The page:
In Re Marriage of Johnson

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576 P.2d 188 (1978)

In re the MARRIAGE OF Vern Wilfred JOHNSON, Appellee, Marie Bernadette Johnson, Appellant.

No. 77-078.

Colorado Court of Appeals, Division II.

December 1, 1977.

Rehearing Denied December 22, 1977.

Certiorari Denied March 20, 1978.

*189 William J. McCarren, Longmont, for appellee.

Joseph C. French, Boulder, for appellant.

ENOCH, Judge.

This is an appeal by appellant wife from orders entered in a dissolution of marriage proceeding. We reverse.

In January 1976, husband filed an action to dissolve their seven-year marriage. At the time of the marriage, wife had assets valued at approximately $36,000, and husband had some debts and a few assets which were not clearly identified. Soon after the marriage, she quit her job as an extension homemaker through Colorado State University, and he became engaged as a farm and ranch real estate broker.

At a property division hearing on July 9, there was evidence that husband had contributed $112,000 to the marriage from earned income, and wife had contributed $25,244 from capital towards the construction of their new house. At the beginning of the marriage, husband borrowed money for use in the construction of their residence, and because of the cyclical nature of his business, he regularly borrowed money during the marriage for living expenses and business costs. He would make payments on the loans after he had received commissions from a sale. Since the present action *190 was filed, he had increased his debt by approximately $21,000.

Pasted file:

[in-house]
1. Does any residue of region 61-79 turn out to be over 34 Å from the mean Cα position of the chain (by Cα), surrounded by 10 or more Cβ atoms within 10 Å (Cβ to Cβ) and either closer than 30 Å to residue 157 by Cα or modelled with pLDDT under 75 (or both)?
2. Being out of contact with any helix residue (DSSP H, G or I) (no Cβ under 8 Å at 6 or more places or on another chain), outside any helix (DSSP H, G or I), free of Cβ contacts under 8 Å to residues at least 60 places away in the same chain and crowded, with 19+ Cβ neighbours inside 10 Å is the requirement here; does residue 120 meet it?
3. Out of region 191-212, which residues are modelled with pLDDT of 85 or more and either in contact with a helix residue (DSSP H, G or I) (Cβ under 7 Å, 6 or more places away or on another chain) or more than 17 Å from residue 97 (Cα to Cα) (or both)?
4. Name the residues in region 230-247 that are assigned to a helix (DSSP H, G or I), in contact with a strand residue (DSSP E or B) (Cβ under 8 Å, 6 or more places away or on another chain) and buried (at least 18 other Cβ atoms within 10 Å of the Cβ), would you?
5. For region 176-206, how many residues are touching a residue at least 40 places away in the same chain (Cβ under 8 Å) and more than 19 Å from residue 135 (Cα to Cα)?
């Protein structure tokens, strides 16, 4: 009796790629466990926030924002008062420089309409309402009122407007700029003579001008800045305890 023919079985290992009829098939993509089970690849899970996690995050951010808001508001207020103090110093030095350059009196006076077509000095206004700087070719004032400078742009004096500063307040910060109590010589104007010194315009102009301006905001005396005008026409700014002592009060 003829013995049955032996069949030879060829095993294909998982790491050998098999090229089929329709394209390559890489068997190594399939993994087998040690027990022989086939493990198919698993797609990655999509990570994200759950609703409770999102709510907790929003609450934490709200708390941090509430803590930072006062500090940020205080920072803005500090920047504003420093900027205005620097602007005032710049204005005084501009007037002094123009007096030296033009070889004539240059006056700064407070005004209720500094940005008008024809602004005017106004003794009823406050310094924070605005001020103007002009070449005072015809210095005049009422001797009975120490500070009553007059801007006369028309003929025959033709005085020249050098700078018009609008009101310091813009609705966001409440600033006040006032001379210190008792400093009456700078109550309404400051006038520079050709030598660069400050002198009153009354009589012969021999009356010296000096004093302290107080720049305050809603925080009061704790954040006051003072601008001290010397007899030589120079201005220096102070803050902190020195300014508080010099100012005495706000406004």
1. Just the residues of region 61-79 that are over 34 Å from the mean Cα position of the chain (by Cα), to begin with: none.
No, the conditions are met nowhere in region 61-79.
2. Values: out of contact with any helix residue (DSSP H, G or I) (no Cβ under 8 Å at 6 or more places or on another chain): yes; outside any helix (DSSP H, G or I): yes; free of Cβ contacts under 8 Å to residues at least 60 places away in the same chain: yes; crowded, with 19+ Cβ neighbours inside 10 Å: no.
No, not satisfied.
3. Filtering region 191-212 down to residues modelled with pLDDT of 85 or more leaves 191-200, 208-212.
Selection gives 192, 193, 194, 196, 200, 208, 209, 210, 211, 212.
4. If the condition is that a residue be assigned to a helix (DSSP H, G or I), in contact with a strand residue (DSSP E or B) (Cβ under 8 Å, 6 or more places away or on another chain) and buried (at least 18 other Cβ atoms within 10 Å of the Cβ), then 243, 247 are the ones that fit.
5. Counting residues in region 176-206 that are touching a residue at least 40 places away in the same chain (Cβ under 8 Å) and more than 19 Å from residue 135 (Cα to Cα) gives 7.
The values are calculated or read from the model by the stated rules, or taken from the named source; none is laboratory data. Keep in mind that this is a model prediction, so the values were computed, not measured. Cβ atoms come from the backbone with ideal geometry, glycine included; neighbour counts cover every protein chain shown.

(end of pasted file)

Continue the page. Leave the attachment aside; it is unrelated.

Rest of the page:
Husband testified that he was acting as broker on two outstanding contracts for the sale of land, which if consummated would entitle him to approximately $40,000 in commissions. Both transactions were to close on dates after the property division hearing. The financial affidavits, which did not include the anticipated commissions, valued the couple's assets at $162,000 and their debts at $59,000.

Wife, then 58 years old, testified she had a Bachelor of Science degree in Home Economics Extension Service, and had, during the marriage, taken credit courses to keep her teacher's certificate current. However, she stated that at least one semester, and probably a year of additional college work would be required before she could hope to become reemployed in her field. Though she was capable of working, her doctor had advised her against it.

The court awarded wife the value of $25,244 as premarital property, divided the remaining net assets equally and ordered husband to pay wife $300 per month maintenance for two years. Wife moved for an amendment of judgment or a new trial, contending the property division was unfair because the court had failed to consider the value of the commissions as marital assets. Wife also objected to the maintenance order. Following oral argument the court modified its decree, awarding wife $500 maintenance per month for life, and additional marital assets worth approximately $22,902.

Husband then filed a motion for an amendment of the modified judgment or a new trial. At a subsequent hearing, the trial court stated for the record that threats had been made apparently by husband against wife, her attorney, and the court. Then, after stating it had erred in considering the value of one of the commissions as a marital asset, the court reinstated and reaffirmed its original award of property division and maintenance. Wife appeals this decision.


Wife contends the trial judge should have disqualified himself, pursuant to C.R.C.P. 97, at the last hearing, rather than reverse his earlier decision, because such action in light of the threat against the trial judge created the appearance of judicial impropriety. We disagree.